Guest article by Marilyn Landis, President and CEO, Basic Business Concepts, Inc.
A Chief Financial Officer’s job is to predict and mitigate risk. There are the obvious risks that are typically associated with the CFO. For example, management looks to the CFO to predict cash shortfalls and to find funding to prevent non-payment to vendors. Operations works with the CFO to predict cost overruns and track financial impact of corrections. The team depends on the CFO to identify risks to profitability – the life blood of any business. The hidden risks are just that – often hidden – unless the CFO knows where to look. One of the most common hidden risks is the risk of environmental catastrophe. Why? CFO’s are not usually environmentalists or specialists in environmental regulation. Many CFO’s know the horror stories when a company is caught with an environmental issue and know the financial impact to the company could be catastrophic – but not how to predict one.
When the risk is in their skill set – cash, funding, profit, cost – the CFO is trained to be proactive. A CFO will improve their company’s financial resilience through sound financial planning. Unfortunately for most companies this means their CFO will deal only with the cost of environmental regulation – the cost to comply and the cost to report. This is good – like taking vitamins to prevent illness – but not proactive. So – how do you get out in front of an environmental issue? How do you predict where the risk might be hidden and plan for the impact if action is required? In addition to founding a company that provides CFO services for scores of small business across the country, I also serve on the National Regulatory Fairness Board under the National Ombudsman. Over the years I’ve witnessed business owners discover an environmental risk the same time the government agency charged with enforcement finds it. At that point it is often too late to be proactive.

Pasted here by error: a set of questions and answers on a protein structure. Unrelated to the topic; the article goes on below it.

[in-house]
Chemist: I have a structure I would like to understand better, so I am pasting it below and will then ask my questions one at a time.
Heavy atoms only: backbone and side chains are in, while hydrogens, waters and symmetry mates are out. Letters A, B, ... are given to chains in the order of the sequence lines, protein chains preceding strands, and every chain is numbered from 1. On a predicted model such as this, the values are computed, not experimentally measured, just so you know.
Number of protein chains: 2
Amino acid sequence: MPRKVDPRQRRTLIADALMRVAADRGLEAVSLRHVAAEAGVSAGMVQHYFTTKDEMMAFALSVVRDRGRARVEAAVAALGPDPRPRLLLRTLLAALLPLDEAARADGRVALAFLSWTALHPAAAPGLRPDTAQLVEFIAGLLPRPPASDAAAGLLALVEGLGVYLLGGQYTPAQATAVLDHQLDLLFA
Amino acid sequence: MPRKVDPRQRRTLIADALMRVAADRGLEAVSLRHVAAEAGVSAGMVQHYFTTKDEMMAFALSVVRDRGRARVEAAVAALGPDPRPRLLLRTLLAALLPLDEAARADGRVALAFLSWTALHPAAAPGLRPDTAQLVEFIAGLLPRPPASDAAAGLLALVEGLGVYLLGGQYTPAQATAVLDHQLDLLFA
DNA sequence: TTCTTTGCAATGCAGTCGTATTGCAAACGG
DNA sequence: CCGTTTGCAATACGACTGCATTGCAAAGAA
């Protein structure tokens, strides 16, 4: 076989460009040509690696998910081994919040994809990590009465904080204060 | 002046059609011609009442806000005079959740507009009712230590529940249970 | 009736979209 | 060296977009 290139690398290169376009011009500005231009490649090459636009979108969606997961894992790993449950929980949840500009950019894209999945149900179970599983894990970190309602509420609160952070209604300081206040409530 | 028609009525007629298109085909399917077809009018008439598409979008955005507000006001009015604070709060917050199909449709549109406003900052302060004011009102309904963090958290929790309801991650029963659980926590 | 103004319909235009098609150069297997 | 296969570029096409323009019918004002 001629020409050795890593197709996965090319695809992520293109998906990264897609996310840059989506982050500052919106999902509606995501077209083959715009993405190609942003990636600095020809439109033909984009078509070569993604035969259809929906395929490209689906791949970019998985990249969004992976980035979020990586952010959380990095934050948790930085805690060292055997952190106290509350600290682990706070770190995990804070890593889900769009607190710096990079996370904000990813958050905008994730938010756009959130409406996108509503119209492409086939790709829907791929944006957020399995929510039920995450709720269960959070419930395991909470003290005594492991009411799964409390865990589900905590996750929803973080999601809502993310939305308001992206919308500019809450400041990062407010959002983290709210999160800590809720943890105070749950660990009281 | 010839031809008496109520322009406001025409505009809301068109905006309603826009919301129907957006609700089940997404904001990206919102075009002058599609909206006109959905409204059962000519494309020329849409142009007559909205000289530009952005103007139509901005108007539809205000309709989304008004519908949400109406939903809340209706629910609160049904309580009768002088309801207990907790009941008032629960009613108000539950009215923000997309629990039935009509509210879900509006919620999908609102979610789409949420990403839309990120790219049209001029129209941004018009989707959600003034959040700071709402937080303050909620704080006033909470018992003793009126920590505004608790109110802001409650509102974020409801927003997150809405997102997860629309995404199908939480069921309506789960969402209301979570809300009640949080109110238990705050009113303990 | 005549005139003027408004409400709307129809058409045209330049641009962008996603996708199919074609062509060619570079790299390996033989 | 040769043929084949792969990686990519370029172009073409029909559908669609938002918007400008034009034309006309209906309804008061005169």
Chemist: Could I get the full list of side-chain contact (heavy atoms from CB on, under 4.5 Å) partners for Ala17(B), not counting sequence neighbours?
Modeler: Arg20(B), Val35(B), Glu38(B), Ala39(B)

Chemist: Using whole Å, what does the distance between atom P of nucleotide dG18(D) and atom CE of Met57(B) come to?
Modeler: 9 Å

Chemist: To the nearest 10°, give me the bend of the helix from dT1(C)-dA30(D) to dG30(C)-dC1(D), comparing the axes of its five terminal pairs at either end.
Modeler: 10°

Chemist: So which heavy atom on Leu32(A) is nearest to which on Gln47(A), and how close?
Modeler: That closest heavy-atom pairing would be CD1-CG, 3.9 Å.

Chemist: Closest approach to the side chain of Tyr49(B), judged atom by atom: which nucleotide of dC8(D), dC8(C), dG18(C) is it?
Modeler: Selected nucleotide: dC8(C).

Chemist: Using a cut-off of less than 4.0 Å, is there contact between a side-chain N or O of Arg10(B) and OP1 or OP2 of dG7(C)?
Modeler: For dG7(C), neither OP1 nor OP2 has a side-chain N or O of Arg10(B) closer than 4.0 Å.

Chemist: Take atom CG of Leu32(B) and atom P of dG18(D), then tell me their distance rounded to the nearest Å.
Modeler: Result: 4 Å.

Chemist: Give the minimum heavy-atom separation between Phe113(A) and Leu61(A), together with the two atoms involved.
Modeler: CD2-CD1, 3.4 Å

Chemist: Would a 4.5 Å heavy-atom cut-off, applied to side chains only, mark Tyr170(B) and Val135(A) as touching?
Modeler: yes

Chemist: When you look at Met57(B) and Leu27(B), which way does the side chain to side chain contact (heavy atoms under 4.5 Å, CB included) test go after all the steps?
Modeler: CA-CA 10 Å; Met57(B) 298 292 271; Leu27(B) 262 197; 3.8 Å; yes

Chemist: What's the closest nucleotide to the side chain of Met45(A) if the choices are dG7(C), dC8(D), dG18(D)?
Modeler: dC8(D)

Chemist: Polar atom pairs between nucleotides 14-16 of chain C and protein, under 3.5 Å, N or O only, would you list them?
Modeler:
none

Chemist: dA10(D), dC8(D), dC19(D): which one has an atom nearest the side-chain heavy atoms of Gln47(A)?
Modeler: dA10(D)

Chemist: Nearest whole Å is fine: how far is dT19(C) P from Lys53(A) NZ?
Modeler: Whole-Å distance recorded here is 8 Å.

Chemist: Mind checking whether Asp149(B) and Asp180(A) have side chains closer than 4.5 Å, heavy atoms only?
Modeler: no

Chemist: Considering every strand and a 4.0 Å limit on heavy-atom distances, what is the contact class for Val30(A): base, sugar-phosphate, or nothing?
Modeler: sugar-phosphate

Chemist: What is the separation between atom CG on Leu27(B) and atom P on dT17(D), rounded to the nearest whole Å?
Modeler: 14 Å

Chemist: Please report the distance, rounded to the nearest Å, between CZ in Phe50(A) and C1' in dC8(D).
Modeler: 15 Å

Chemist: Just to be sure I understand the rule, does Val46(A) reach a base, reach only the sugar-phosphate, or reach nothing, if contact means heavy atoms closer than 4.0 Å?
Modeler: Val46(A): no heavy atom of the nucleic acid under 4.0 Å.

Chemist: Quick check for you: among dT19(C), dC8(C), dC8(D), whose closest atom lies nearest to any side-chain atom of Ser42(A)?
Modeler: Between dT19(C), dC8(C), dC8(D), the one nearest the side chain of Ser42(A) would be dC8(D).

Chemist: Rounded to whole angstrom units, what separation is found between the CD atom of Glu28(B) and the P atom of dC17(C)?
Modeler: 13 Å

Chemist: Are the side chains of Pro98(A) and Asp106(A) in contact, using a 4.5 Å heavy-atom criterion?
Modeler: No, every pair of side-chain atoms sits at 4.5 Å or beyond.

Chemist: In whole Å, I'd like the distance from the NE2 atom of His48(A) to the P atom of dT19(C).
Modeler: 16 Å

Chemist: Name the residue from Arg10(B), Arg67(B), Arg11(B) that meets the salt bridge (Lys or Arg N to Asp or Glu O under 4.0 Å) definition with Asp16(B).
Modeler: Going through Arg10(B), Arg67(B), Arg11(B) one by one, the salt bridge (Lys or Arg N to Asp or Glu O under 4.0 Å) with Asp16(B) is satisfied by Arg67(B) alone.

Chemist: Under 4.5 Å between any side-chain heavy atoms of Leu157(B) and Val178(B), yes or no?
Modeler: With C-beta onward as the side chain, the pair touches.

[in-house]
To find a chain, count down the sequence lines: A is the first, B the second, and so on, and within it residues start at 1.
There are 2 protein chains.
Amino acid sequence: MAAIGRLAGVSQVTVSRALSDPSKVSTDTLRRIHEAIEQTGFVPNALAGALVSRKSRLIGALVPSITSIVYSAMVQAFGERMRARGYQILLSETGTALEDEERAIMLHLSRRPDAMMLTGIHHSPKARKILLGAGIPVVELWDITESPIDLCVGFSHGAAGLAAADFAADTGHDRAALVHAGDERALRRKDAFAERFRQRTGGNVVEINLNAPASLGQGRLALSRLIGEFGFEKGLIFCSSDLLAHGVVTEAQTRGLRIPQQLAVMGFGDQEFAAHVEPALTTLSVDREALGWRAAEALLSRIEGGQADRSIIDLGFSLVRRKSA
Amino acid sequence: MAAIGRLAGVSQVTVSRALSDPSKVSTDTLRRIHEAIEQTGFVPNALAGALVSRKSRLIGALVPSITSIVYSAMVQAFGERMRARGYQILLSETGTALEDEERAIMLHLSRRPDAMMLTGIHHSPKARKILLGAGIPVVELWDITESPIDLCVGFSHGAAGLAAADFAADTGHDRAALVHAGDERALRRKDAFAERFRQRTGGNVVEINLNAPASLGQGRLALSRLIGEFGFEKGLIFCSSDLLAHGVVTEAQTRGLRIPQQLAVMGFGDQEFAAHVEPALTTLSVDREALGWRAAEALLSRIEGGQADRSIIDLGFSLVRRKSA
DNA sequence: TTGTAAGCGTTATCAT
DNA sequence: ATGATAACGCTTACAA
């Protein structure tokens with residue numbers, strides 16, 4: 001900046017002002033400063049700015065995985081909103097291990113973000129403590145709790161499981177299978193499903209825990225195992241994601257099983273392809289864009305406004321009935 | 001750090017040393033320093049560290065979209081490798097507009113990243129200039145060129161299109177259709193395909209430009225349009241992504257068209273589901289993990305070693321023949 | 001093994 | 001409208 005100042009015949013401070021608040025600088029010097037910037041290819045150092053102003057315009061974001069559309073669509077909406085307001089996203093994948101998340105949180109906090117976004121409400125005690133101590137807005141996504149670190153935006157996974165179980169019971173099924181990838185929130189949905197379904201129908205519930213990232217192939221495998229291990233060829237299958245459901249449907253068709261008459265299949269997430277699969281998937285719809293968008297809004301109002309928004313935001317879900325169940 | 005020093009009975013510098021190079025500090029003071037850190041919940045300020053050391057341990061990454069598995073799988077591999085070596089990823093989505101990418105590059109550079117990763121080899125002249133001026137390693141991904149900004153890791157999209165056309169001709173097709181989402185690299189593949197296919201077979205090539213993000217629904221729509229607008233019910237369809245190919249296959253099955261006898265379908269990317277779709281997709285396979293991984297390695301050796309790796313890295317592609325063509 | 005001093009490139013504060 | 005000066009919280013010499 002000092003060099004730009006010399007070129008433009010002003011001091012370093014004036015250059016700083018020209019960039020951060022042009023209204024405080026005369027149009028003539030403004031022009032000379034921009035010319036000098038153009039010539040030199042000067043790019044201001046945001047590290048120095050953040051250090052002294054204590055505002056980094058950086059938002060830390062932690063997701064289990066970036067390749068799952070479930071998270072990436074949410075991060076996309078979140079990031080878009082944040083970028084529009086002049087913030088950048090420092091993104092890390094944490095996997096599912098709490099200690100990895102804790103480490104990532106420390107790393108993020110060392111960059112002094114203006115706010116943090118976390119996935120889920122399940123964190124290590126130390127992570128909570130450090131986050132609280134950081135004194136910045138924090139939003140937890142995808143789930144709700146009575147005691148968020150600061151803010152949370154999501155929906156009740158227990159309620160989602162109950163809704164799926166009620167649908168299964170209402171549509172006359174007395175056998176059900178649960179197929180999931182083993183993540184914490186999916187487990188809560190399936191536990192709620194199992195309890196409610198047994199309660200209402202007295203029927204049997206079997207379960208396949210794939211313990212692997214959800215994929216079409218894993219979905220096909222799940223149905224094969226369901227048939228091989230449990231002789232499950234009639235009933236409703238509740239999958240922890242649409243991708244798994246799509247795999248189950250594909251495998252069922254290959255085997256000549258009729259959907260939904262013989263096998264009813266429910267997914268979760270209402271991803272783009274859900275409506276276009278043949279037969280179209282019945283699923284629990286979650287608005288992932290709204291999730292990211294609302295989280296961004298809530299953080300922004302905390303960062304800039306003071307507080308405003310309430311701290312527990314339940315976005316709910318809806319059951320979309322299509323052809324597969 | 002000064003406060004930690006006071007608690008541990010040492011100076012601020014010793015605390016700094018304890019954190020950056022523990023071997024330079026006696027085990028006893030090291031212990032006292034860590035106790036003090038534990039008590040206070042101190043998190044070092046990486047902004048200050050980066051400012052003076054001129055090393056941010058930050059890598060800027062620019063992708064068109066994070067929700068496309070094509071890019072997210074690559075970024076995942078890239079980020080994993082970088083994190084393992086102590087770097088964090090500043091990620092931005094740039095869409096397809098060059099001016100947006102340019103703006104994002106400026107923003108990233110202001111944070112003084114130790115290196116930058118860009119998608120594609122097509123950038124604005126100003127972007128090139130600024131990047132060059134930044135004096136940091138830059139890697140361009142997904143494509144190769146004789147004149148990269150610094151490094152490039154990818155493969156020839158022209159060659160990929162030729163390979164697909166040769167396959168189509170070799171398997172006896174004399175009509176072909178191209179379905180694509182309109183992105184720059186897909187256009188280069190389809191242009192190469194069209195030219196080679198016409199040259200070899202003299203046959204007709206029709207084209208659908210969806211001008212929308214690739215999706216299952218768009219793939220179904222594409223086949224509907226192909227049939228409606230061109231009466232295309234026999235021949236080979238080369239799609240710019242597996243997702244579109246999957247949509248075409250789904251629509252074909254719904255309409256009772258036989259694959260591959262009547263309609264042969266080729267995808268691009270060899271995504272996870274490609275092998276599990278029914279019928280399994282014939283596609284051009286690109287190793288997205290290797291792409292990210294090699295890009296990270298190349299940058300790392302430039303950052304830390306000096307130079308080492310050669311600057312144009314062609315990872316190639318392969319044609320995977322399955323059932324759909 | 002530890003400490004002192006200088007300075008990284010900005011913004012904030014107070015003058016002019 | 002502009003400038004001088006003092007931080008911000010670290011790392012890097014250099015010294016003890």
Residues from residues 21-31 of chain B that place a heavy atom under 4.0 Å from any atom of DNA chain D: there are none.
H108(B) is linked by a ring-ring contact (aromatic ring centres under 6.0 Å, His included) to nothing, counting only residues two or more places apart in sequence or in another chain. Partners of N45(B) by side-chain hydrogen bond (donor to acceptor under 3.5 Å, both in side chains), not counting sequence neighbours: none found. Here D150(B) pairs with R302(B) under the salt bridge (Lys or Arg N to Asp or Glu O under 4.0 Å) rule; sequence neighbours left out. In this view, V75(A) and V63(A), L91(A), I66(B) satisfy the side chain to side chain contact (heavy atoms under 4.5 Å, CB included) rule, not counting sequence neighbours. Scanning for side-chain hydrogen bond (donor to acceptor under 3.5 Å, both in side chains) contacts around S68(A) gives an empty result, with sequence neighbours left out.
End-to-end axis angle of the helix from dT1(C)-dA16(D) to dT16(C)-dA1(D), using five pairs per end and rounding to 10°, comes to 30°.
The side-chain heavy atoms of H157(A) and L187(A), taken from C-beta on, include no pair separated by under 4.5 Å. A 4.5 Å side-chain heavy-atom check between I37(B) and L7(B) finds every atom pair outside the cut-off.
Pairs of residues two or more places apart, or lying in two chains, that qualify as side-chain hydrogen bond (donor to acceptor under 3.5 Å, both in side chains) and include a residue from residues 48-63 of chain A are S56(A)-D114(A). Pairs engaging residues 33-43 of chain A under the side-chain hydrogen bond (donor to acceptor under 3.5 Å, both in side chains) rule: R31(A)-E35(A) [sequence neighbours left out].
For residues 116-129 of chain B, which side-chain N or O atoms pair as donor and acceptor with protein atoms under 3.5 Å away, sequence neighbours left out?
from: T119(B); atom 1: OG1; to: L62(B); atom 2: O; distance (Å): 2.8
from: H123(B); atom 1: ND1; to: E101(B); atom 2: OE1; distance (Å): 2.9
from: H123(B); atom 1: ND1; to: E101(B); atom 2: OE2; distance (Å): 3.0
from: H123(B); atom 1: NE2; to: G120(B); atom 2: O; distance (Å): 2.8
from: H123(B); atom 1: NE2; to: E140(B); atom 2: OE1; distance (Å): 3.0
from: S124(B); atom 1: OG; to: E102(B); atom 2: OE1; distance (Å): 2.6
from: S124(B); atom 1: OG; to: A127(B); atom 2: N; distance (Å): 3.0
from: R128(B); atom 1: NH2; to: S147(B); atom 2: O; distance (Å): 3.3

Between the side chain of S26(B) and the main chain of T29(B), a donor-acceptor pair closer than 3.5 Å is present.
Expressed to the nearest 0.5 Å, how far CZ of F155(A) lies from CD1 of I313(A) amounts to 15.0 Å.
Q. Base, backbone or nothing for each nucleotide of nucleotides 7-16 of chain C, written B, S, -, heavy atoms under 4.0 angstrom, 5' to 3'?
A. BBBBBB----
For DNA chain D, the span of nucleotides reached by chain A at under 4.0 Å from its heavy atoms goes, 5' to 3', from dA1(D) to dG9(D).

I have also watched countless smart business owners admit what they don’t know and seek professionals who do know. The game of environmental risk requires engaging those who do know where to look for environmental risk. When you engage a professional to do an environmental assessment, they are working for you. Let them identify the risk and suggest the action required to reduce or mitigate the risk. CFO’s know that an expense that is up front and that permits proactive planning, is less costly than waiting until the only action is reaction. A CFO always meets annually with the company’s insurance company to be sure all insurable risks are addressed. I strongly suggest a CFO should meet with an environmental expert to identify the presence or absence of environmental risks. Once you know – as the CFO – you can do what you do best – predict and mitigate risk.